Annette’s poem Slant has been awarded 3rd place in the Basil Bunting Competition 2015. The poem has strong West Cork connections as it was prompted by a local stonemason’s demonstration of his craft. His working in stone called to mind Basil Bunting’s mason in Briggflats. The title is a reference to Emily Dickinson “Tell all the truth but tell it slant.”
Do it slow and do it right, he was told
made him keep a rolled newspaper
under his arm to steady him as he tapped,
sent him for stout to keep the dust down.
No apprentice now: carpentry is dry work,
stonecutting’s wet and out in all weathers.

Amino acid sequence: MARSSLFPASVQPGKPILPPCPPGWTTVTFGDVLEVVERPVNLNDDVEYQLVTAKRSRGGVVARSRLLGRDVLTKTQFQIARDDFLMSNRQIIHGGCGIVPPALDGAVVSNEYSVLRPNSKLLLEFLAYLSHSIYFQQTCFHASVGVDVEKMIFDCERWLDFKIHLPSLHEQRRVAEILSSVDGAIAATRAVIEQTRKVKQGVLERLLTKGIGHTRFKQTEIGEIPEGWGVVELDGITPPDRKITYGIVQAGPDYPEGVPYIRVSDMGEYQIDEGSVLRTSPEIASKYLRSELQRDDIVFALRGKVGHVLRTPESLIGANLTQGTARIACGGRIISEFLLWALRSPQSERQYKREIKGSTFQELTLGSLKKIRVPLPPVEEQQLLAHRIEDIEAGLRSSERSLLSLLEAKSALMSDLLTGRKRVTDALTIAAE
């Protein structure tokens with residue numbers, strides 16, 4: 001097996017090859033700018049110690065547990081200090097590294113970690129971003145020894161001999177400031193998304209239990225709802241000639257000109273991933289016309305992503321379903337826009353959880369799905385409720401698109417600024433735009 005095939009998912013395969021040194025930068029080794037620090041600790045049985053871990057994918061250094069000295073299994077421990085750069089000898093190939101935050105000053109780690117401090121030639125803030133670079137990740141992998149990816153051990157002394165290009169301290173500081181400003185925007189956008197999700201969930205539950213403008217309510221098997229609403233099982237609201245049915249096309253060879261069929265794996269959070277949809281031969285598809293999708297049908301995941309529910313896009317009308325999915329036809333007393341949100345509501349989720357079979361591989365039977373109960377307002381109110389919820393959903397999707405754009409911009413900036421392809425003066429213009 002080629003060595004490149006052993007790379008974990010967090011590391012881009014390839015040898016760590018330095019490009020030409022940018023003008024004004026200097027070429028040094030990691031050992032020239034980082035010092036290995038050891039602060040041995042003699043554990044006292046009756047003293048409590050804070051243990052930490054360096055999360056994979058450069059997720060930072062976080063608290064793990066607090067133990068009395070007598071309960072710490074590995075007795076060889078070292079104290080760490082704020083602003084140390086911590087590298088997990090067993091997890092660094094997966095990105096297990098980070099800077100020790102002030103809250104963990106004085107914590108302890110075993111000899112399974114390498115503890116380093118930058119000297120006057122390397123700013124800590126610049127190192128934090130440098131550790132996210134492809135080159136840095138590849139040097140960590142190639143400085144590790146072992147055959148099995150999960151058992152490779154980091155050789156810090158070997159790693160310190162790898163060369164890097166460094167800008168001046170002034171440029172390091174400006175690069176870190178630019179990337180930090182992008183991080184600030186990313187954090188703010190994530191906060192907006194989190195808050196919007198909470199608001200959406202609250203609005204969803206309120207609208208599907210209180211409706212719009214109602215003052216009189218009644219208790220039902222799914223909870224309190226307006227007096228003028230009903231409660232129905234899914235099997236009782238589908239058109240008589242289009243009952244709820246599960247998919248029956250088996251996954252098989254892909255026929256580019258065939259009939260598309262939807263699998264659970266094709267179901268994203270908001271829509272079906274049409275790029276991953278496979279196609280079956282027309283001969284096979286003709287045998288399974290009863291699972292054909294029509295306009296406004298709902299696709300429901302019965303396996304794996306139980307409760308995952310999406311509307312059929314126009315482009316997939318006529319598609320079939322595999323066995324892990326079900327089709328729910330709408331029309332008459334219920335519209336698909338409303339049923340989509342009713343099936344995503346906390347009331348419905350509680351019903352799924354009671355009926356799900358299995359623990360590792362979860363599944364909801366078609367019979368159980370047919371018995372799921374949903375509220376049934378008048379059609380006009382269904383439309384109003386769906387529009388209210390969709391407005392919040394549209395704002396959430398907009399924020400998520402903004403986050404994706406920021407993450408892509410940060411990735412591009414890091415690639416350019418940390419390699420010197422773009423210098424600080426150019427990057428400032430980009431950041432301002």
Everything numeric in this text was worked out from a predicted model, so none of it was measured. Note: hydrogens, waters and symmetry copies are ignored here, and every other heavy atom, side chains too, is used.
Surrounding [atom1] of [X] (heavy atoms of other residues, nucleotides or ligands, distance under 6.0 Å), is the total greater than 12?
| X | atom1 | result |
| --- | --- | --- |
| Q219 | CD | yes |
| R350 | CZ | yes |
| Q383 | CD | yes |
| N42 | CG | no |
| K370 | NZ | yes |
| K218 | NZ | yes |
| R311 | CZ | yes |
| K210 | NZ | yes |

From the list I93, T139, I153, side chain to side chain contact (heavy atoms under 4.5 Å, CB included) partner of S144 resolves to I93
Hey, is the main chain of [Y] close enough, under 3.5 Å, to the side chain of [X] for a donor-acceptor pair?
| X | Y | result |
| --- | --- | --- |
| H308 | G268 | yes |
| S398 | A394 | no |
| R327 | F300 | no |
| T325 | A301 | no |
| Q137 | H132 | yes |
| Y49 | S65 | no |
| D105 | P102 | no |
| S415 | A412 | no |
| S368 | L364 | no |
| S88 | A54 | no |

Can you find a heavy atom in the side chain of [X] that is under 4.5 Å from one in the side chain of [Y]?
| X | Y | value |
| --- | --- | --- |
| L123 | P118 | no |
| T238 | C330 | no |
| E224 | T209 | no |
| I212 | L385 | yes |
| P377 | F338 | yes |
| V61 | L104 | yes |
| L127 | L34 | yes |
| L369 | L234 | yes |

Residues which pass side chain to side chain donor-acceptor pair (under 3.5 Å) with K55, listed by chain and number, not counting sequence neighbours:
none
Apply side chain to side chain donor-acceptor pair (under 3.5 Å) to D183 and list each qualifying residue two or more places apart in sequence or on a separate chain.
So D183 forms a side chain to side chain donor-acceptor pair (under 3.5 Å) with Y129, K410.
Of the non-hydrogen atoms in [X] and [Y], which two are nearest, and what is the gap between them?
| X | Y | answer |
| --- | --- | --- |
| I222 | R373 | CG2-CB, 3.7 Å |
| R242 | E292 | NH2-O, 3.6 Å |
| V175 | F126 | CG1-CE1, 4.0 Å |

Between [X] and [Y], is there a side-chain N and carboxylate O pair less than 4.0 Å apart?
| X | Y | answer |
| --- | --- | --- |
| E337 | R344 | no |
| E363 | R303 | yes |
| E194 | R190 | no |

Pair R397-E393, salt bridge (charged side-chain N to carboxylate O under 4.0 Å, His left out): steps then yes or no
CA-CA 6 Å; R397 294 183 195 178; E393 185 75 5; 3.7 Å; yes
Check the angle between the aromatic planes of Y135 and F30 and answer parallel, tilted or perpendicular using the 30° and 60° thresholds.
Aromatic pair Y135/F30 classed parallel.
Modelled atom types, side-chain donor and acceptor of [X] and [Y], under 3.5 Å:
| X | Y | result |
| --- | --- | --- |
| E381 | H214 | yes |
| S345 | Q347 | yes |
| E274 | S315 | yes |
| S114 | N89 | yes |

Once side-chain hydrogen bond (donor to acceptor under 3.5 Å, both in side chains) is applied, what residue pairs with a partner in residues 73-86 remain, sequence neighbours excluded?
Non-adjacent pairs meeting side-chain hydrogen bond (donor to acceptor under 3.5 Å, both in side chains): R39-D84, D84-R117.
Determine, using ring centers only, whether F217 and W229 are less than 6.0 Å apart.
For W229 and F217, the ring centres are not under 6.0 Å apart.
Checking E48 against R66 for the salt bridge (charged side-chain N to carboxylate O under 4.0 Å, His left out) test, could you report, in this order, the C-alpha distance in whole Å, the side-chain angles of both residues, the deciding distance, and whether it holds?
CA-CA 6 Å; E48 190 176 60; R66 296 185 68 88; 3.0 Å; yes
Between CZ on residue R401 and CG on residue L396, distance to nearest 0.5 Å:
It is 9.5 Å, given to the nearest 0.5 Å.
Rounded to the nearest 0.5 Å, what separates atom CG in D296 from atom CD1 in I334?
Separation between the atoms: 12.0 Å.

Inside, he’s all day standing,
puts down matting for the cold coming up.
He scratches a line in the raw slab:
Valentia slate, every bit as good as marble,
angled like the headstones
he adds names to in the graveyard.
He likes a mallet carved from apple root,
turns it a tenth of an inch as he taps,
uses round-headed chisels to stop the wear,
guides the blade like part of his hand.
He cuts in a V to the centre of the letter,
so the shadow can show up the words,
gaining depth as he goes.
In a hundred years you’ll still read it.